Ah-Lun, a young woman born after 1998 in Shanghai, upgraded to a new phone less than three months ago and has already bought 35 phone cases. “For me, the phone case doesn’t just protect the phone. It is more like a fashion element — different phone cases can match different outfits,” she told Jing Daily.
The number of consumers like Ah-Lun, who like to collect phone cases, is growing globally. But given that so much of China’s daily life is impossible without mobile tech, the sector is especially lucrative. These cases are, after all, another way to showboat status.
According to data from American market research firm NPD Group, 75 percent of smartphone users are using cases; this means that of the 1.4 billion smartphone shipments made in 2021, about 1 billion shoppers are also buying cases. Even more encouraging, public data from Alibaba-owned Tmall reveals that in China, the “stickiness” of phone cases is high, with more than 10 million users buying more than 12 cases a year.
Meanwhile, market research firm Counterpoint Research found that Chinese phone users have extended their replacement cycle from 18 months to 28 months, meaning that people are replacing their phones less often. Yet, they still have the need to express their personalities through different styles of phone cases. Here, Jing Daily explores the growing phone case business.
From Local to Global Opportunity
While many shoppers’ impressions of phone cases may recall cheap and cheerful models, Jame Technology, the parent company of technology accessories brand Defense, has become the first company in China to go public on the back of phone cases. On the first day of its IPO in 2020, Jame Technology’s total market capitalization reached $1.4 billion (9.635 billion yuan).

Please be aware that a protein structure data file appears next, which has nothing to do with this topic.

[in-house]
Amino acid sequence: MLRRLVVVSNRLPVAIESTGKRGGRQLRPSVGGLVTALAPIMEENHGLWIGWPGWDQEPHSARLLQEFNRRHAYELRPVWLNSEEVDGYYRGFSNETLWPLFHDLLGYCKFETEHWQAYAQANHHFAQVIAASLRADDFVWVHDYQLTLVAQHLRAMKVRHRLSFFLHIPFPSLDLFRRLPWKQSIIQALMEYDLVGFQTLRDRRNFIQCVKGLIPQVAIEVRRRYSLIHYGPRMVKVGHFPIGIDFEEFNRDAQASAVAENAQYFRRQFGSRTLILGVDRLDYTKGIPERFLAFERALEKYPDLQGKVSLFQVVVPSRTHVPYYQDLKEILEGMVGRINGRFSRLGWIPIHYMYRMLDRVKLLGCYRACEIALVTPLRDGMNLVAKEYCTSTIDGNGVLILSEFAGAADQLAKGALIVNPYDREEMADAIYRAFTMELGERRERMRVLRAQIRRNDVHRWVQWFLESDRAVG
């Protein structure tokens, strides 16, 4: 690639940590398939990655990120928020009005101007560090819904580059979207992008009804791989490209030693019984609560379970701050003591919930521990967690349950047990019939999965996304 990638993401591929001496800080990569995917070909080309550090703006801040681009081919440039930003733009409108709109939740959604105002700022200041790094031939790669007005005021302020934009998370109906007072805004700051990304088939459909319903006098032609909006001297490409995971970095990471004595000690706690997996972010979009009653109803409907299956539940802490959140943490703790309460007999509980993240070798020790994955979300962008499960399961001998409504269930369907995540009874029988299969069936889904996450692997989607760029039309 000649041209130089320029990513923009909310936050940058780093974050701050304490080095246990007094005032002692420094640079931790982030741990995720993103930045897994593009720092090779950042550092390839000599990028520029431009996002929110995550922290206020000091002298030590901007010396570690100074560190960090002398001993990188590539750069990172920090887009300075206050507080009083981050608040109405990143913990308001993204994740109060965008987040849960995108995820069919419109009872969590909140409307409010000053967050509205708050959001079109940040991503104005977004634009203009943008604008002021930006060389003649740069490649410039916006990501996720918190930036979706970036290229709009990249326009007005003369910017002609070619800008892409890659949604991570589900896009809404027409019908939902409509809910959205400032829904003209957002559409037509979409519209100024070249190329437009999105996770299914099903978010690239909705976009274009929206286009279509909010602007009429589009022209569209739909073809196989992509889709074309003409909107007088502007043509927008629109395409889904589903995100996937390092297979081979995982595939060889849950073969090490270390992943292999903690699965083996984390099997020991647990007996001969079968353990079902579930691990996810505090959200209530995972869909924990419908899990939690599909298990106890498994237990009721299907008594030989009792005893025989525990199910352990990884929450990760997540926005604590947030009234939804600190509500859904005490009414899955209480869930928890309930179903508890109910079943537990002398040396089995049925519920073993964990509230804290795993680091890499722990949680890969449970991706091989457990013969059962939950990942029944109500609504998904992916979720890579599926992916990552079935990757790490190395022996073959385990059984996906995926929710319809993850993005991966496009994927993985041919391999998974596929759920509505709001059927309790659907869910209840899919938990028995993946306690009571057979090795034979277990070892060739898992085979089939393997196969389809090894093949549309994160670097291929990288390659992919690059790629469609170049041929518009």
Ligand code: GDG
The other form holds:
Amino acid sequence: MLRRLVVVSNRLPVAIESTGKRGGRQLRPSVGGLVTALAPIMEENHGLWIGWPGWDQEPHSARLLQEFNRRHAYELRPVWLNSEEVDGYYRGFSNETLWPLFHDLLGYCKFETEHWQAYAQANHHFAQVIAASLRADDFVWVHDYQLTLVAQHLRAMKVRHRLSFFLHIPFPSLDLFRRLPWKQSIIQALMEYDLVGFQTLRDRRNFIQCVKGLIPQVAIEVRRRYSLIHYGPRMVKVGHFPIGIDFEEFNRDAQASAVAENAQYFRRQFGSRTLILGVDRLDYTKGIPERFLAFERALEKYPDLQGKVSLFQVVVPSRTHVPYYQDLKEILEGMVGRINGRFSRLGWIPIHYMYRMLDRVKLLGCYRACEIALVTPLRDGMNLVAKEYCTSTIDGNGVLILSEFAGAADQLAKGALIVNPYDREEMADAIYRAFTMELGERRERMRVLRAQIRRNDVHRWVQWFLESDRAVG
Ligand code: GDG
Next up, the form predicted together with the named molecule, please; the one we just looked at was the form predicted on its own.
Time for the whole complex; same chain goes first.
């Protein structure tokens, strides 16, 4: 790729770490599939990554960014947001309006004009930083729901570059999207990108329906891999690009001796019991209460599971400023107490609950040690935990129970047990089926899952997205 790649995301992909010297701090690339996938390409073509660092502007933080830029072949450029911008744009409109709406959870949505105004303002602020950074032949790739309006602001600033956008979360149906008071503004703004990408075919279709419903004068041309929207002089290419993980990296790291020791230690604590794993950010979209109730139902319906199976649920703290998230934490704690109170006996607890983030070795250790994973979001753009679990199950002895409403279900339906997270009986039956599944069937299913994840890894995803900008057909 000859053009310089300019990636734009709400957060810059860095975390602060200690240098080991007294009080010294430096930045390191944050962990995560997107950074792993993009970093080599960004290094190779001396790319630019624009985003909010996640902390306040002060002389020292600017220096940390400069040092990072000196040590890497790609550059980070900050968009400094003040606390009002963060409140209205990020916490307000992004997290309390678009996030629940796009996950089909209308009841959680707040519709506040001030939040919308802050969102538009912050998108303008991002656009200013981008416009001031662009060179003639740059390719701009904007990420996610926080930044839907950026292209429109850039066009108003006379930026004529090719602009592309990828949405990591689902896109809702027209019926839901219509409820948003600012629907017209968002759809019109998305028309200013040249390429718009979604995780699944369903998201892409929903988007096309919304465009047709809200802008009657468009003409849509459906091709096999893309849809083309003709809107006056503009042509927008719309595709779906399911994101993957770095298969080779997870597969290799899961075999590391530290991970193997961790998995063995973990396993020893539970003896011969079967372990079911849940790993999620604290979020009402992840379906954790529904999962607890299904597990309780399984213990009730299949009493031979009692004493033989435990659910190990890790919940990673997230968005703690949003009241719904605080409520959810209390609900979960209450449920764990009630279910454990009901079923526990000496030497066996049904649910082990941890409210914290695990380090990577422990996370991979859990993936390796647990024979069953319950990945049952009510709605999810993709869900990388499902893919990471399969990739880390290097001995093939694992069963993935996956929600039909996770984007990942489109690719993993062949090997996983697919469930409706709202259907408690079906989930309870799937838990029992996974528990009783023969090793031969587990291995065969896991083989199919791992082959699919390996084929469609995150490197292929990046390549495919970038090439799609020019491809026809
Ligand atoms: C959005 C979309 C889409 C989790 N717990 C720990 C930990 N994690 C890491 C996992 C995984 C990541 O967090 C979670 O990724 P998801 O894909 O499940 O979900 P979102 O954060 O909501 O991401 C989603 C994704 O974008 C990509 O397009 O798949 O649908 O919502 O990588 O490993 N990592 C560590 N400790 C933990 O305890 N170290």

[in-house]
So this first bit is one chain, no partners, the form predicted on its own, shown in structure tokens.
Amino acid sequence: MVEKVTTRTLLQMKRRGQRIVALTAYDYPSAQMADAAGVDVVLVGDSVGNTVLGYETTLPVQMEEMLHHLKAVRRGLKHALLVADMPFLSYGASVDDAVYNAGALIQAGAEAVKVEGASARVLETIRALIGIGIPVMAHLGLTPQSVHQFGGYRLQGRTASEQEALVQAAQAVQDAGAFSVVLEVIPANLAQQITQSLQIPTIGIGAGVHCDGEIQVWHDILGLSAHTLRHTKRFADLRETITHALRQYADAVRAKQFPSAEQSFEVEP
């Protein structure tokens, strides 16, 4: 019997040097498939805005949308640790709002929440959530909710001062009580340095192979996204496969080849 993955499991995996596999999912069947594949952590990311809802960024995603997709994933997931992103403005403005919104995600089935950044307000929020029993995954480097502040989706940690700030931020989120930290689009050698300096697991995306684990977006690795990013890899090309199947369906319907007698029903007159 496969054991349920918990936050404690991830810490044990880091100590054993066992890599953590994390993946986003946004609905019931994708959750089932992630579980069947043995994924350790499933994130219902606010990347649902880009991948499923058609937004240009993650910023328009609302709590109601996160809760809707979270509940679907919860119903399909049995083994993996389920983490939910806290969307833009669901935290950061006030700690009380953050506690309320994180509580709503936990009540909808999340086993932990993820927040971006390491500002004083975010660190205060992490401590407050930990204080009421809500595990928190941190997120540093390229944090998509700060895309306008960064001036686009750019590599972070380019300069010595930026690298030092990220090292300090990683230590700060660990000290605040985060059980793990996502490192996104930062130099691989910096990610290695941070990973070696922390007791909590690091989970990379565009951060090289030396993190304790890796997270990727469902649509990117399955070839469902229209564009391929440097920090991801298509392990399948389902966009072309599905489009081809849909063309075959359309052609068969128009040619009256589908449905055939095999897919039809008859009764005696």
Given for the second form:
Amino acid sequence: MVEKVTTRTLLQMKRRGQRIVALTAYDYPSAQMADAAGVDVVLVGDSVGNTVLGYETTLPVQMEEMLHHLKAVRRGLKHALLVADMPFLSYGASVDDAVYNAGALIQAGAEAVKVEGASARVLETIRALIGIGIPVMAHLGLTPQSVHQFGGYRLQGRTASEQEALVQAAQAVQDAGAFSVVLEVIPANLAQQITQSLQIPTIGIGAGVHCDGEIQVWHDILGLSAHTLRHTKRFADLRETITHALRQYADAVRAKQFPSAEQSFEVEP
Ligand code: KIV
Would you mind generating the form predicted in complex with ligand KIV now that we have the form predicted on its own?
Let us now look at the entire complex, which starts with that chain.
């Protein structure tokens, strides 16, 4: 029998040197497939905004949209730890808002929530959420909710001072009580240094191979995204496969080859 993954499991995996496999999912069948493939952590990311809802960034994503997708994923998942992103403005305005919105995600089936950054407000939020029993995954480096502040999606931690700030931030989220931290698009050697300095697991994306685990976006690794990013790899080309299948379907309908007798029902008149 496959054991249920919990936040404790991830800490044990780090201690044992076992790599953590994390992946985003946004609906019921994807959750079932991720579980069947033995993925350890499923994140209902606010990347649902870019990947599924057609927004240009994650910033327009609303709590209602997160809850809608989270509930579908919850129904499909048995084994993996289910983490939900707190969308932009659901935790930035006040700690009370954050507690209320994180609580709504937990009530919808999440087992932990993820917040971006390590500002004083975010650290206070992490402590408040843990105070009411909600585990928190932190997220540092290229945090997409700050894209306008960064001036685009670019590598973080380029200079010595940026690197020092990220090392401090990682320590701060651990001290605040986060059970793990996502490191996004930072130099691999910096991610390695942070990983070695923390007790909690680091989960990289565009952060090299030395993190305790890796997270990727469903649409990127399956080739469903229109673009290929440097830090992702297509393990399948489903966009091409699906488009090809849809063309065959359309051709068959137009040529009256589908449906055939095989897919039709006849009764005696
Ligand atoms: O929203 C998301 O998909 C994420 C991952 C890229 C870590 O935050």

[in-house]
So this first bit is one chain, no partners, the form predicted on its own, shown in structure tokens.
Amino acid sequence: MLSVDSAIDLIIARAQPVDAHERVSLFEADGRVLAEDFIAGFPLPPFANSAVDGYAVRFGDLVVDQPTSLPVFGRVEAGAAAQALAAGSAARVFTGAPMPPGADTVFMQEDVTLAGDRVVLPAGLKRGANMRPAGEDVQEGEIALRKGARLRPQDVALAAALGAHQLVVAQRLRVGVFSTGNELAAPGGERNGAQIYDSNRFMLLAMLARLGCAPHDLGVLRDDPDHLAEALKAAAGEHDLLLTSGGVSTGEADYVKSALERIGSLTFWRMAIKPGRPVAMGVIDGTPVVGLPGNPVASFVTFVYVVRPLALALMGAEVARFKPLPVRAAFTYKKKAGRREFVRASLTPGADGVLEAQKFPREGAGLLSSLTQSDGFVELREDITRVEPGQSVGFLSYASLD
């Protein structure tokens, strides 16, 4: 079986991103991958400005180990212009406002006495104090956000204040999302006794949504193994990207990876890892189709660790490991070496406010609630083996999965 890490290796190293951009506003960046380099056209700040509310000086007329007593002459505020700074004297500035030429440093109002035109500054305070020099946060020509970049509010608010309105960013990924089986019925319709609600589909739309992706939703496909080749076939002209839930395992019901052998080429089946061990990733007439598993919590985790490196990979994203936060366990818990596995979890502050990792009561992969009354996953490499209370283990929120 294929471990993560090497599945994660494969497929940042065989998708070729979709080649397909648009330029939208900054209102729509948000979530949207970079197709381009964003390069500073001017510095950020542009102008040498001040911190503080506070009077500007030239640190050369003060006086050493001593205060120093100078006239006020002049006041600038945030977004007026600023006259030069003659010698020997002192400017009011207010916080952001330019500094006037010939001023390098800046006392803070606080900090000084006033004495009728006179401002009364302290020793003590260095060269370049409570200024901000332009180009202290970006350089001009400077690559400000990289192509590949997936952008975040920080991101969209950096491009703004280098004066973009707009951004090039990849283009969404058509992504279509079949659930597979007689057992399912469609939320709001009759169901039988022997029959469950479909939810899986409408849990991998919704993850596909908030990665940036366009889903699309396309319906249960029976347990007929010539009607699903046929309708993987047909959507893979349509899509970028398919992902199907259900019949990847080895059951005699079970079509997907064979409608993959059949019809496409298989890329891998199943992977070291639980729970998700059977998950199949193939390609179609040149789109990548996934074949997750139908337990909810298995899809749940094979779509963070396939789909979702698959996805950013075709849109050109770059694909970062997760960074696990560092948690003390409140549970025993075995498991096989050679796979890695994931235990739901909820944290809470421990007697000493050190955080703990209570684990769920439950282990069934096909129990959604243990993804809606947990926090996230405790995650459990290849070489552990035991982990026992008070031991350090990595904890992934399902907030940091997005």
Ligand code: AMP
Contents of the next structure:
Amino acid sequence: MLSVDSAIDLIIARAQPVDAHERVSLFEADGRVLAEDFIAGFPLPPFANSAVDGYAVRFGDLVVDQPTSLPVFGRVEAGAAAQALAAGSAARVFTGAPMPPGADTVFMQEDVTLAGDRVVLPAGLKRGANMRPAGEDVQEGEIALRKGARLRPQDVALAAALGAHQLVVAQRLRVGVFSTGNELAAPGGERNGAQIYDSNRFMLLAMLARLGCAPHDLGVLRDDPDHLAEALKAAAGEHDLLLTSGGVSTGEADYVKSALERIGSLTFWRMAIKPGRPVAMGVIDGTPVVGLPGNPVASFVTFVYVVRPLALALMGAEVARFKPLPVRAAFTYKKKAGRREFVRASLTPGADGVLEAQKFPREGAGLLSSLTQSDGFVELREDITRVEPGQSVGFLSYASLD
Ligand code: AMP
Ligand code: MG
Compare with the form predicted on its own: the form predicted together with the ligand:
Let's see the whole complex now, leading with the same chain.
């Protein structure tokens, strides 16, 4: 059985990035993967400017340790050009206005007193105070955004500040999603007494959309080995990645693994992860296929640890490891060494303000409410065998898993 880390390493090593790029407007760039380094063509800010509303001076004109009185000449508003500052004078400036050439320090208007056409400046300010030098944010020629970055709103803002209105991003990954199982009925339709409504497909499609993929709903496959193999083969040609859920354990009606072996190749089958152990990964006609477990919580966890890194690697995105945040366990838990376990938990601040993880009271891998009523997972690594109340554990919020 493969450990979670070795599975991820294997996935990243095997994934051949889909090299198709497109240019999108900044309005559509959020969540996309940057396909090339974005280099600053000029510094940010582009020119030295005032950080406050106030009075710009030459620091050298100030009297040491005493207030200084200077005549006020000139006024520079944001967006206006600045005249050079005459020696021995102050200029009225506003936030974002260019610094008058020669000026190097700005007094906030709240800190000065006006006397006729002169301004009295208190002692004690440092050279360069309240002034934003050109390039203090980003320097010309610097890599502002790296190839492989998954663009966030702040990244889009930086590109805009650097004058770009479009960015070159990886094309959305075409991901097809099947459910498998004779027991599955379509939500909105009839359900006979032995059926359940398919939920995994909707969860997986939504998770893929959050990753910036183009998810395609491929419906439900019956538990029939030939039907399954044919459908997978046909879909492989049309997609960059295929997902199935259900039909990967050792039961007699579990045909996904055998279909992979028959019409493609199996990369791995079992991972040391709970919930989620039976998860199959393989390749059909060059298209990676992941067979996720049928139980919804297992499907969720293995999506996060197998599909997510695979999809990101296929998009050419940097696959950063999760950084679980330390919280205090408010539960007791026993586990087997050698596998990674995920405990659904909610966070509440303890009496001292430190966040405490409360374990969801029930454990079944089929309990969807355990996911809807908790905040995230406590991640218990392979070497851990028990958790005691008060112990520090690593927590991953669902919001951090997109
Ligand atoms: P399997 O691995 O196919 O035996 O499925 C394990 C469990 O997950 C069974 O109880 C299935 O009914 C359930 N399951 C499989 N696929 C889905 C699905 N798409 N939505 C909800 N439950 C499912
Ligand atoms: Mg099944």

Averaging at around $29.7 (200 yuan) per piece, Defense’s anti-drop technology taps into the phone user’s pain point: anxiety over dropping, and breaking, their prized smartphones. When it comes to design, the tech-savvy company sits in stark contrast to another leading player, Casetify — a tech accessory brand founded in 2011 by Hong Kong-based Wesley Ng and Ronald Yeung.
What began on Instagram as a phone case printed with shoppers’ own photos is now a global brand peddling premium and customizable accessories. Trendy designs are Casetify’s MO, and it continues to grow its arsenal of bright, patterned cases by collaborating with everything from The Met to the NBA to Peanuts. According to Ng, Casetify is profitable and sells more than three million phone cases annually. Last year, it raised a Series A funding round of tens of millions of dollars from C Ventures, the millennial and Gen Z-focused venture capital company co-founded by Adrian Cheng.
Luxury brands, too, have joined in on making fashionable cases for phones and other tech add-ons. As early as 2014, Moschino creative director Jeremy Scott’s McDonalds phone case entered this segment and was soon spotted in the hands of many major influencers. In 2016, Louis Vuitton launched its Eye-Trunk series of cases for iPhone 7 and 7 Plus, inspired by their popular Petite Malle handbags, followed by an exclusive case for the Huawei P30 series in 2019.
A Case for Everything
According to the report by market research firm Technavio, the phone case market is expected to grow by $11.74 billion (approximately 78.1 billion yuan) in value between 2020 and 2025. However, headphone cases, computer cases, and other smart product accessories are also on the rise.
In 2010, Bottega Veneta made a case specifically for Apple’s iPad, featuring the brand’s signature Intreccio woven design. Headphone cases have also become a favorite among luxury brands in recent years, with Dior, Gucci and Prada all touting high-end designs.
Years later, Chanel got people talking by launching two pearlized leather AirPods cases in June 2021. These were crafted from sheepskin and featuring the classic Chanel double C logo in twinkling rhinestones. But its high price of nearly $2,970 (20,000 yuan) discouraged many. Netizens jokingly said, “the headphone case is more expensive than the headphones, so what’s protecting what?” The Parisian house also launched different materials and styles of cases, such as embossed calfskin, raffia, and embroidered crochet headphone sets to name a few.
Ultimately, demand for tech accessories will always go hand in hand with the devices they’re designed to embellish and protect. To today’s Chinese consumers, luxury isn’t dictated by a price tag; objects that reflect their own taste and style are more important and sought after. Phone cases (and headphone cases), like clothing, have become an important way for younger shoppers in particular to express themselves. It’s only a matter of time before luxury brands and niche players invest further in the segment and allow for more personalization.